Ahead of Å på K – a sales exhibition by artist Åse Vikse, we had a chat with her to learn more about her art and what drives her! 

Poster by Vicky King


Where are you from and how does that affect your work?  

I am from the southwestern coast of Norway, a small place called Skålaskog in Sveio municipality, where I grew up in a rural environment close to the sea. I don’t think I realised how important the coastal lifestyle is for me personally, having access to the open sea and hearing seagulls in the morning, until I experienced the lockdown in London during the pandemic. The importance of where I come from, in terms of both place and people, is often expressed in my art’s themes and motifs and will be visible throughout the exhibition ‘å på K’. 


Tell us a bit about your art  

I am a multidisciplinary artist. My journey in printmaking has developed from traditional prints to a more contemporary expression. Expression is key here though, as I use printmaking as a way of expressing myself. While I do still enjoy making traditional prints such as reductive woodcuts, I am currently led more by a fascination for how an object’s imprint may look rather than letting the search for ‘the perfect motif’ lead my process. These directions are both represented in the exhibition, by the reductive woodcut ‘tre’ and the monoprint ‘fjør’ respectively.   

I do like to experiment and push boundaries when it comes to our perception of printmaking, but certain factors are important to my practice and may therefore never change. 


What themes do you pursue?  

I refer to myself as a wandering artist, which describes how influential walking is in any aspect of my life. It embraces, rather than excludes, other themes such as the coast, architecture or social subject matter which are all themes apparent in my broader portfolio of work. 

I found myself in somewhat of a limbo when during my MA I wanted to do more than I was capable of, both work- and time- wise. I discovered and took great inspiration from the artist Mierle Laderman Ukeles, which solved my problem and led to the combining of tasks, from which the development of my artist’s maps sprung. In the simplest of explanations, these are multiple tasks combined, for example research, activity and documenting. In the broader sense, it also involves psychogeography, storytelling and site-specific work, for example. 


How do you make sure you have time to create? Do you have a set time or build it into your calendar? 

This is a very interesting question, because you may think that an artist’s main job is to make art, and in an ideal world that is what I would have done all day, every day, for the rest of my life. However, there is a lot more to being an artist, especially when you’re an emerging or early-career artist. In addition to being an artist, I am also my own promoter, marketing person, salesperson and most importantly, in charge of continuously searching for and sending out applications.  

I feel, however, grateful and humble for this – and I choose not to call it a career but a lifestyle.  


How do you stay motivated when working on a piece that’s challenging?  

Sometimes it helps to distance myself from the work and the best way to achieve that is to go for a walk. That, without exception, clears my mind, but sometimes the challenge may be of a technical nature and a clear mind will only go so far. I recently finalised a piece, the reductive woodcut ’tre’ that I will be showing at K. I created it during a time when I needed something to look forward to. I was in doubt about this motif. Was it naive? Was I going backwards in terms of my artistic development? I also experienced the greatest challenge with reductive cut, and this is why it is referred to by some printmakers as ‘the suicide method’. I struggled, but I did not give up, I kept going.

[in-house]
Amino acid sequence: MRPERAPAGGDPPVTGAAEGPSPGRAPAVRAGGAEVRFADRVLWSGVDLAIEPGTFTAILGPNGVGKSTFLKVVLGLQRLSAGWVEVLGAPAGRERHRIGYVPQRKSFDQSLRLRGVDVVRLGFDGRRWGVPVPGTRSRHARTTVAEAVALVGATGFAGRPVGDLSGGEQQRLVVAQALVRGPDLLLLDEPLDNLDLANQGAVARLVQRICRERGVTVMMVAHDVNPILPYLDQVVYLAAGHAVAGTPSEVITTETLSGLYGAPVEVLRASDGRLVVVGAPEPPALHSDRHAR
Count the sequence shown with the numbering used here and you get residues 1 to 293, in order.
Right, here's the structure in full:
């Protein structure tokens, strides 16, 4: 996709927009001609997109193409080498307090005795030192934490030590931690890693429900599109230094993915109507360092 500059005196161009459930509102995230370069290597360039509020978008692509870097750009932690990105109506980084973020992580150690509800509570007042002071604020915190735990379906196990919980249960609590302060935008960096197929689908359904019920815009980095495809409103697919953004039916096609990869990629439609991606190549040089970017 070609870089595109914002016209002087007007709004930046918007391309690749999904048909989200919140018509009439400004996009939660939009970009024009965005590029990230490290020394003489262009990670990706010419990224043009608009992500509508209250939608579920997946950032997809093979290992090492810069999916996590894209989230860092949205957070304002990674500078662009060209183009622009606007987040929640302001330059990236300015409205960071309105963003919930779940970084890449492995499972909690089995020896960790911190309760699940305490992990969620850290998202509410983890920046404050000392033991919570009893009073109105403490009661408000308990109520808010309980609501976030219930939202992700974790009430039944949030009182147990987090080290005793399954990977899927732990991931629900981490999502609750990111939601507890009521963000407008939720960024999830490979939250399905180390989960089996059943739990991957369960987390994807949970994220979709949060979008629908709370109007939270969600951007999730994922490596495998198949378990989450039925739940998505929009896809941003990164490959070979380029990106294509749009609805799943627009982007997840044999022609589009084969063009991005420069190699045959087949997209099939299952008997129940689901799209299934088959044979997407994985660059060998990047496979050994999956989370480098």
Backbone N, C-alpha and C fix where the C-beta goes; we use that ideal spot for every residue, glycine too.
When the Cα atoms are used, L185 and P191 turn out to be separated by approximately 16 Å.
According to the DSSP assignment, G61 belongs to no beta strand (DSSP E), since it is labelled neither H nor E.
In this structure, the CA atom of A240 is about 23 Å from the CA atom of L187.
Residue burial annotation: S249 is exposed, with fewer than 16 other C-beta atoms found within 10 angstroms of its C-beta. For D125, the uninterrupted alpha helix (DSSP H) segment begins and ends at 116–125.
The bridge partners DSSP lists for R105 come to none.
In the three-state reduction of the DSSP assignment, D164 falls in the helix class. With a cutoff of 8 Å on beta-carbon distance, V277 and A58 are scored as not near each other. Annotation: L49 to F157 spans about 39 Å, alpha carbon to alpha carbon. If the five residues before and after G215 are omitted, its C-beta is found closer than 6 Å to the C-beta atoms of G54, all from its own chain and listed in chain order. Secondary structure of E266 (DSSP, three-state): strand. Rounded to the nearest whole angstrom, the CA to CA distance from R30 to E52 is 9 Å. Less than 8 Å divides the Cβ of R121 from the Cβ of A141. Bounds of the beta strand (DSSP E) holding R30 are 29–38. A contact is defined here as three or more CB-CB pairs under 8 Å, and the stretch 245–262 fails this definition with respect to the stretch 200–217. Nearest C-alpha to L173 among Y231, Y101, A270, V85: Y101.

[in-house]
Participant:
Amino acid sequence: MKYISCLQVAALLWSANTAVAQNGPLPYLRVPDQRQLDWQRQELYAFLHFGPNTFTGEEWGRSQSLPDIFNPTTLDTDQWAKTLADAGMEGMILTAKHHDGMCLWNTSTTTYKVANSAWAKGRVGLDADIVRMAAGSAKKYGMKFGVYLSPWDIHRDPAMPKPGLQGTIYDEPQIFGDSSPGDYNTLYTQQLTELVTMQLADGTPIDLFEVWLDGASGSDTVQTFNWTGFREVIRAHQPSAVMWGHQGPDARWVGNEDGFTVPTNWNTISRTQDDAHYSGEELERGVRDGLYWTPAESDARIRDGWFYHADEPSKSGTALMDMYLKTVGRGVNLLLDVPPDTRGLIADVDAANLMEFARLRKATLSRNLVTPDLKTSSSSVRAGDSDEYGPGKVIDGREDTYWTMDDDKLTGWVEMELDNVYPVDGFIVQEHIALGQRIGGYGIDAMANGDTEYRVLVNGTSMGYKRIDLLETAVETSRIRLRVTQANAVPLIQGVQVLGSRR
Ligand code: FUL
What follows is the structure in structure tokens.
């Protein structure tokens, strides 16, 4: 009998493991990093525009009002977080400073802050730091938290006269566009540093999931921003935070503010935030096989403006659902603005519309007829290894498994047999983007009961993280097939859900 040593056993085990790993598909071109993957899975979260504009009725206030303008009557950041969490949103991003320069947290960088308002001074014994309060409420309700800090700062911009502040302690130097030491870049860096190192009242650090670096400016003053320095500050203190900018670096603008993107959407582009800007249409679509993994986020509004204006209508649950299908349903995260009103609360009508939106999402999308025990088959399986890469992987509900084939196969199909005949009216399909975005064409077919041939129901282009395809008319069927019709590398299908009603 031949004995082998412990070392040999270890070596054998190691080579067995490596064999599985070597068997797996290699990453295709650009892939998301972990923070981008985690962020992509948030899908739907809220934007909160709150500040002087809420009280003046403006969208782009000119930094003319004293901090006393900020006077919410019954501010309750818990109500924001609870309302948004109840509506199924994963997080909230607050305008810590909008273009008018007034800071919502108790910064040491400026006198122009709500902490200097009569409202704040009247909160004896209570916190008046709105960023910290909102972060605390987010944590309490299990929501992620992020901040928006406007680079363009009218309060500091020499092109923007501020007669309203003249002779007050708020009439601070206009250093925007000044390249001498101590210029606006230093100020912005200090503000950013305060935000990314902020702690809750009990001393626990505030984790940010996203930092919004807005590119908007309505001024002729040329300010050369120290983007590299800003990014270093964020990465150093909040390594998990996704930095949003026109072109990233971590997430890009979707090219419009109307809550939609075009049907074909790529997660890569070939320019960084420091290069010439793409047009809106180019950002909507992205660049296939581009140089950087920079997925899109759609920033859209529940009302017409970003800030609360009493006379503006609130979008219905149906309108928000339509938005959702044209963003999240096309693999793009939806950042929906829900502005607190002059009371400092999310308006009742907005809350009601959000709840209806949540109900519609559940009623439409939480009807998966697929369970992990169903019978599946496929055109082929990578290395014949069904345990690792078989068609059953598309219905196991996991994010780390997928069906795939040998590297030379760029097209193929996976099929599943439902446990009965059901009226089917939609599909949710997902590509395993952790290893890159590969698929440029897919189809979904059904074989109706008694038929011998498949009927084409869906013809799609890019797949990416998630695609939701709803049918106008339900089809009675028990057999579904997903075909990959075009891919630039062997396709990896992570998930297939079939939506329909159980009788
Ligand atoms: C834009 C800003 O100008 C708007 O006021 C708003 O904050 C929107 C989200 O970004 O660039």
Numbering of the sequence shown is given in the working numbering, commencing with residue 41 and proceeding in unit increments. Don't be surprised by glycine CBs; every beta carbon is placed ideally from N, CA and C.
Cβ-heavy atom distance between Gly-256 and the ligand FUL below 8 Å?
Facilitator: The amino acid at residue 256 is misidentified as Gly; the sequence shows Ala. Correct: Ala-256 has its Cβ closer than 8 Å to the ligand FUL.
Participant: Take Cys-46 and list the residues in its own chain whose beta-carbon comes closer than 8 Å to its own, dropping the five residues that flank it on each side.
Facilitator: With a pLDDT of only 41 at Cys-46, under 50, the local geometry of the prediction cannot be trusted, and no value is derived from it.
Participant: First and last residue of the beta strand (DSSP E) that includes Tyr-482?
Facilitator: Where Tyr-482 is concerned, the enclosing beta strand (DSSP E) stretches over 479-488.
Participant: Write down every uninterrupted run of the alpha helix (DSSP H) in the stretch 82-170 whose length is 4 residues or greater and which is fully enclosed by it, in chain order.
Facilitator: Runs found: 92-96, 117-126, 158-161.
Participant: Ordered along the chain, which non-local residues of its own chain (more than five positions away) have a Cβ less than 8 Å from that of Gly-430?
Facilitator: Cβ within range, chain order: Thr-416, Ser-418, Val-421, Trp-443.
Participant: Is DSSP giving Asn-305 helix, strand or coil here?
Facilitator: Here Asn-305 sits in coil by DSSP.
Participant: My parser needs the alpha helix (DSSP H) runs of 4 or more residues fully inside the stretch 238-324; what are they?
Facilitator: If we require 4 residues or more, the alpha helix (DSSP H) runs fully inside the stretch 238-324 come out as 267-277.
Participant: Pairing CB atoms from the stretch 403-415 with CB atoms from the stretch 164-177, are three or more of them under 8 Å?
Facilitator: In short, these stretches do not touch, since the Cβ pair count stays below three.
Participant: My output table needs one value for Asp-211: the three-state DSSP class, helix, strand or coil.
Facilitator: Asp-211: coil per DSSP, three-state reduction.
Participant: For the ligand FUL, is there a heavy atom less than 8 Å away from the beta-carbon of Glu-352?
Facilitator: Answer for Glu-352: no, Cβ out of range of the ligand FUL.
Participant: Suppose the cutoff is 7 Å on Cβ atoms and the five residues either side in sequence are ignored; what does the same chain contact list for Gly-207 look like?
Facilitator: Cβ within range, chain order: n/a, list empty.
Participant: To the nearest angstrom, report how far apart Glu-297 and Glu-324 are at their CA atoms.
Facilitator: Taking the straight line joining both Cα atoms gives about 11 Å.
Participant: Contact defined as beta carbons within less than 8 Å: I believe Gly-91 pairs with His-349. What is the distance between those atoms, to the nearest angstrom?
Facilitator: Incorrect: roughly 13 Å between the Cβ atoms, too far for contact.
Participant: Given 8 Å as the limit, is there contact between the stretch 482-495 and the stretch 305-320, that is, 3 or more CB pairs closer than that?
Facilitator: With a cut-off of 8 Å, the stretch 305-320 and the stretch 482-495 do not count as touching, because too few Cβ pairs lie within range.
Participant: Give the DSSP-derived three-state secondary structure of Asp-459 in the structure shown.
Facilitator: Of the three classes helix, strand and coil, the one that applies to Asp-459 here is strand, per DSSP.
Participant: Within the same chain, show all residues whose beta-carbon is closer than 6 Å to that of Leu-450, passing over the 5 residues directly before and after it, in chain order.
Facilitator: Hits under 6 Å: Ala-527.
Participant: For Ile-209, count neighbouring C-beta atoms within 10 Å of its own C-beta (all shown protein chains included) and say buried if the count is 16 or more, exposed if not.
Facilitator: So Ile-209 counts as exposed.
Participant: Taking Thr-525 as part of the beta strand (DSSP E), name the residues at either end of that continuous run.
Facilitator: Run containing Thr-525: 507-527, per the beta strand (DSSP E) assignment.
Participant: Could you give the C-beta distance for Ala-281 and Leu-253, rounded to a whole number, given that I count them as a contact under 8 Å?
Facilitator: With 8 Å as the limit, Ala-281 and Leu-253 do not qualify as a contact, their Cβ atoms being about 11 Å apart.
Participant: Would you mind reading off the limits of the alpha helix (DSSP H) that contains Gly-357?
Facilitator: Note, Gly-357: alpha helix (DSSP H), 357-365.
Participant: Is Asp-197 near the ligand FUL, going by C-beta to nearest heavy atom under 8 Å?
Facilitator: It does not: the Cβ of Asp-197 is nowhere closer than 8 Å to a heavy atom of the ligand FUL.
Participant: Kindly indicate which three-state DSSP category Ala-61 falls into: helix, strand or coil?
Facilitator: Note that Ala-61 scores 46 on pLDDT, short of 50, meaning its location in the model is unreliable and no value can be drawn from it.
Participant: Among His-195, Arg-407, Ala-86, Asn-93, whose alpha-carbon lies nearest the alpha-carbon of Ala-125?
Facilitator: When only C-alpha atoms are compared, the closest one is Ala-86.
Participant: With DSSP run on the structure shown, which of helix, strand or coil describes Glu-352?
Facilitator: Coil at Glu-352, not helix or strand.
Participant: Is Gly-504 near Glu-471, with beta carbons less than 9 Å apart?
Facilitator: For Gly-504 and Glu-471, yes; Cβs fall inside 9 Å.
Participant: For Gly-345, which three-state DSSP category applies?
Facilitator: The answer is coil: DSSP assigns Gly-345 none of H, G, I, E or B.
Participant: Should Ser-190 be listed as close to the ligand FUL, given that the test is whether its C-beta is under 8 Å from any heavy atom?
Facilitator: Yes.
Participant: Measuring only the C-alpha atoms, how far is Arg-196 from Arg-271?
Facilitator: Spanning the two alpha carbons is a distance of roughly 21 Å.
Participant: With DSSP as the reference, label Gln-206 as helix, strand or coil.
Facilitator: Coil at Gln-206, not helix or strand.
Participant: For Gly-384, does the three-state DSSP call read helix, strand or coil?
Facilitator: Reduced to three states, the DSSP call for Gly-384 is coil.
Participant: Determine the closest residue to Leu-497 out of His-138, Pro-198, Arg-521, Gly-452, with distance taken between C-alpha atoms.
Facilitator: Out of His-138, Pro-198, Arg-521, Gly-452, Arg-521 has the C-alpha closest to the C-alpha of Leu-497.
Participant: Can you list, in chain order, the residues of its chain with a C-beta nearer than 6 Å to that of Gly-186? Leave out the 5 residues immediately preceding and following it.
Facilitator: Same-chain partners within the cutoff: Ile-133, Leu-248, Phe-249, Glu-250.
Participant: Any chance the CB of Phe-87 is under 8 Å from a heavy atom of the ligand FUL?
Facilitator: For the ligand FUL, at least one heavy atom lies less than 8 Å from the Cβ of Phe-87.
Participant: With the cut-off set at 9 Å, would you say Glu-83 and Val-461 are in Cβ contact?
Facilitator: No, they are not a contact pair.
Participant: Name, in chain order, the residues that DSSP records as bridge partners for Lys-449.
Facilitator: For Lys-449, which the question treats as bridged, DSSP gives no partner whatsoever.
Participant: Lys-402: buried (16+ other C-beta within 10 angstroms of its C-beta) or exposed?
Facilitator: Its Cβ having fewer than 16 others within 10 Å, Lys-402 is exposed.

What is the inspiration behind the upcoming sales exhibition?  

The simple and short answer to that is Anne at K (the manager Anne Hovland-Pye).  

The broader answer is ‘the K’ which of course indicates the place KFUK-hjemmet, but also what the letter K stands for, namely Kvinner (women). I find inspiration in so many women, often pioneer women, perhaps because they have had to work slightly harder to establish paths for others to follow. I like to think everything happens for a reason, and it was during an event on International Women’s Day at K that the first conversations about a potential solo exhibition took place. Clearly, I was meant to attend the happening on the 8th of March at K, and ‘å på K’ is a direct result of that. Anne has been absolutely invaluable in this process. A process that I am relatively new to. å på K would never have happened if she hadn’t encouraged me to organise my first solo sales exhibition. She is (and now also has) a star!  


What do you hope people will think when they experience the exhibition?  

First and foremost, I hope they will sense a red thread that welcomes them to join my journey. Or, in fact, multiple parallel threads. The threads may lead them to Norway, from coastal scenes to winter appreciation and a walk through the forest, to traditional garments and depictions of everyday life. These threads conform to the story of my heritage and my values.   

In addition to this quite personal journey, I hope they will experience my fascination for the multifaceted world of printmaking and hopefully by doing so, obtain a deeper understanding, discover something new, or appreciate more this particular profession. Nothing would please me more! I have chosen to show both old and new work and therefore to emphasise my creative development in print as a process in itself. I wish to highlight development as opposed to change, and to see each work as a representative of that specific stage in my artistic life. Collectively, they represent å. 


Please join us at the opening night of the exhibition! More information about the exhibition can be found here